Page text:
It’s hardly fair to call this a 101 topic, as it’s unlikely to arise as an issue in your professional life; nonetheless, it’s an interesting topic, recently considered by some of our superior courts, and their observations are worth recording.
Smith v WA has had a lengthy history; you may recall the High Court decision in 2014.
The pertinent fact is that, following the announcement of the jury verdict, a juror left the following note in the jury room:
“I have been physically coerced by a fellow juror to change my plea to be aligned with the majority vote. This has made my ability to perform my duty as a juror on this panel.” [sic]
Unsurprisingly, the offender appealed his conviction, arguing it was unsound owing to juror coercion. The WACA dismissed this conviction appeal, saying that a jury verdict, once entered, cannot be impugned by evidence from a juror about jury deliberations. The High Court disagreed, noting that the common law makes an exception to this rule where there is unlawful intimidation in the jury room. It remitted the matter, indicating a curial inquiry ought to be conducted to determine the facts, if practicable.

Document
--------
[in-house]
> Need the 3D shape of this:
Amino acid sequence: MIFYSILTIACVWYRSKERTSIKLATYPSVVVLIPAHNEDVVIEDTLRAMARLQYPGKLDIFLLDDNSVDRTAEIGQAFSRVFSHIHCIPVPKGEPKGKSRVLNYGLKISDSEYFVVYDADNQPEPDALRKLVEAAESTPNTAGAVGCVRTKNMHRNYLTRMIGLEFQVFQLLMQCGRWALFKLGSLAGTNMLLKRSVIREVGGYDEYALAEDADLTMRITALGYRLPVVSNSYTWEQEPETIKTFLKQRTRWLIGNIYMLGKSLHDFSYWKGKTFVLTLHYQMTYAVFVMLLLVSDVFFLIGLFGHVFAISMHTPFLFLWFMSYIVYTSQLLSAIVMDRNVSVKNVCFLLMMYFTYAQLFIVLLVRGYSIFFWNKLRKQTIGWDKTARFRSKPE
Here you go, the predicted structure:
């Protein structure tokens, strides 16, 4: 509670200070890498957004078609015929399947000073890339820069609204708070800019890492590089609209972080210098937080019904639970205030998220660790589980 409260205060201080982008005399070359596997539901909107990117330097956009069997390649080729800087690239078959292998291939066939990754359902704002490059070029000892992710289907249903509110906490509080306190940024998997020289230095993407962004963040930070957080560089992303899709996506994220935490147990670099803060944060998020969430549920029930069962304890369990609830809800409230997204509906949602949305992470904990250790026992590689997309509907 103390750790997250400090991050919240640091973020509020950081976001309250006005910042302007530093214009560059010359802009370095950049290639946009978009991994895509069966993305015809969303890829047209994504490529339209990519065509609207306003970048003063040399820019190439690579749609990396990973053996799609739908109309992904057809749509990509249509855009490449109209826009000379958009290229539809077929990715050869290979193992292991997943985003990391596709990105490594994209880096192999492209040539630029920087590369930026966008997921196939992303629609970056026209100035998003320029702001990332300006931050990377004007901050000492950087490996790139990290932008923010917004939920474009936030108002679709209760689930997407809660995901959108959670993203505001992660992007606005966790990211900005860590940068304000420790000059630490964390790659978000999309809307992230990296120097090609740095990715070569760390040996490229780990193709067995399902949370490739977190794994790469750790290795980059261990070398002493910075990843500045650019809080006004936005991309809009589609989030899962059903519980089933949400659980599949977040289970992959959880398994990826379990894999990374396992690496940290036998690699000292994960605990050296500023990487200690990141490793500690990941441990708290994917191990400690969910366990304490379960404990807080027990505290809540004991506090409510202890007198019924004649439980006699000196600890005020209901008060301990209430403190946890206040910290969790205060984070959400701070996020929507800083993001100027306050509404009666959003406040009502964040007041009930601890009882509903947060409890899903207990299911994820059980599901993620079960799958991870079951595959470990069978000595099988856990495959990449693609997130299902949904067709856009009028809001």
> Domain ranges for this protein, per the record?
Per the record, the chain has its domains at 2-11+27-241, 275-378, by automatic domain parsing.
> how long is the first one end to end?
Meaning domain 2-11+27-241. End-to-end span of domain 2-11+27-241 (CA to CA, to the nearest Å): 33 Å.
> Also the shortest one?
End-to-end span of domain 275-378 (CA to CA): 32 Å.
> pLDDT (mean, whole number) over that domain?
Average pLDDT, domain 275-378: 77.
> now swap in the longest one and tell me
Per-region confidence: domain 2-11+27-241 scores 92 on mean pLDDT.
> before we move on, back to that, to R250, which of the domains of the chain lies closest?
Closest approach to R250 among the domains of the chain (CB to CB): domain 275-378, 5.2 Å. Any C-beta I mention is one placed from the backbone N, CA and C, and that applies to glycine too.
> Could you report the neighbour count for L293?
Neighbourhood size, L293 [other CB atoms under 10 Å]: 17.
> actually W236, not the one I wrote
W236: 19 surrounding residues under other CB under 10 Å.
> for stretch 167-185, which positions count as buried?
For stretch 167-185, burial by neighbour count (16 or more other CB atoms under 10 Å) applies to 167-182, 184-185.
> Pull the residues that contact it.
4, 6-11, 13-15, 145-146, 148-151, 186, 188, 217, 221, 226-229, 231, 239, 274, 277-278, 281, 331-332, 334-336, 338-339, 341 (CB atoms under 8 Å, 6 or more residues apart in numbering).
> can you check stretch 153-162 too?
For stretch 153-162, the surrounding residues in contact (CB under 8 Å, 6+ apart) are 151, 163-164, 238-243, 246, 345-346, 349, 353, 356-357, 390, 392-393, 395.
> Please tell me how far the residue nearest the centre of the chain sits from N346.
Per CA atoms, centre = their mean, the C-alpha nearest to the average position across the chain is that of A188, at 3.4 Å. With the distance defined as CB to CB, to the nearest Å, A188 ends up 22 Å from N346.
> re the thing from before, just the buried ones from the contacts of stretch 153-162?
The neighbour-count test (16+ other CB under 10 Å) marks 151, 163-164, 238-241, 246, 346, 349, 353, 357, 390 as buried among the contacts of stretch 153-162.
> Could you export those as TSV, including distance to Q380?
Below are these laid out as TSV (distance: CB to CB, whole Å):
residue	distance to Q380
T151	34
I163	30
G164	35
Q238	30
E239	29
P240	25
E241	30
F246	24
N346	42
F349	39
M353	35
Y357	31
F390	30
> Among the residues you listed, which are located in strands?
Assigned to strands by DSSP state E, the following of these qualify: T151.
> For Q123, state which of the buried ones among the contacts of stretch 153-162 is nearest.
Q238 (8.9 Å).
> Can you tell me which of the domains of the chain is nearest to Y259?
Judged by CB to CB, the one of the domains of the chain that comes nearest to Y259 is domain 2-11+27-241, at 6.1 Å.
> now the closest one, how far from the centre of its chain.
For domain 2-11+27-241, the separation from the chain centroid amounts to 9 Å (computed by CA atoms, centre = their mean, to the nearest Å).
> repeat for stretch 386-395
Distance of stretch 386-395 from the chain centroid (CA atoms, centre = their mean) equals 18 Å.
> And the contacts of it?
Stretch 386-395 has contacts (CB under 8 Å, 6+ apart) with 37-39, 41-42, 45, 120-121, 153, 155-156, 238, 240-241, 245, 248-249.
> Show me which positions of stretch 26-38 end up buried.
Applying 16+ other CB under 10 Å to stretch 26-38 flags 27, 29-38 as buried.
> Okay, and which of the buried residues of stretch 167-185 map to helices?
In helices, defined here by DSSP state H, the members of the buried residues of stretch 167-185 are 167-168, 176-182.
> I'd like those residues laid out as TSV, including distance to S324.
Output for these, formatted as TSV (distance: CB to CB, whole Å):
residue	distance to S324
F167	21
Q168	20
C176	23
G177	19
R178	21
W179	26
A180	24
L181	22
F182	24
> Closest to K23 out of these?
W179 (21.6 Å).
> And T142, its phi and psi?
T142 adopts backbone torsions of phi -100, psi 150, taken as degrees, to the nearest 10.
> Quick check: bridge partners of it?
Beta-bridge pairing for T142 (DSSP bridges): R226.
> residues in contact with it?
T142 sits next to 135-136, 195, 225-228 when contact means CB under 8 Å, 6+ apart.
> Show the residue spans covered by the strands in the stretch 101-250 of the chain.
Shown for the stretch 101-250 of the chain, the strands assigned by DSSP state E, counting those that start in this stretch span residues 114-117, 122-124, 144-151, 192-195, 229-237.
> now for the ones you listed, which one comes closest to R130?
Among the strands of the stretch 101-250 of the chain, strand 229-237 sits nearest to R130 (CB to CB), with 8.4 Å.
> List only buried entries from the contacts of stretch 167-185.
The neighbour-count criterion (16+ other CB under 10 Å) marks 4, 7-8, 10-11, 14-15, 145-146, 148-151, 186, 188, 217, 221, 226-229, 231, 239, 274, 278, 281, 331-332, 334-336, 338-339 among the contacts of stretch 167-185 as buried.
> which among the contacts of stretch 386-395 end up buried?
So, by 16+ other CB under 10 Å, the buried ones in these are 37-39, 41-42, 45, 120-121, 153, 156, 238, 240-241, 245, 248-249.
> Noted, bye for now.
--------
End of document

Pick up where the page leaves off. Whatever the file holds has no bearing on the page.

The subsequent appeal judgment outlines the process and purpose of the curial inquiry, the evidentiary status of the note and evidence received during the inquiry, the relevant standard of proof, and, in setting out evidence received, gives an extremely rare glimpse into the Australian jury room.
Ultimately, the WACA was satisfied there was no coercion; the foreperson, who had written the note, had freely joined in the verdict. The conviction was maintained.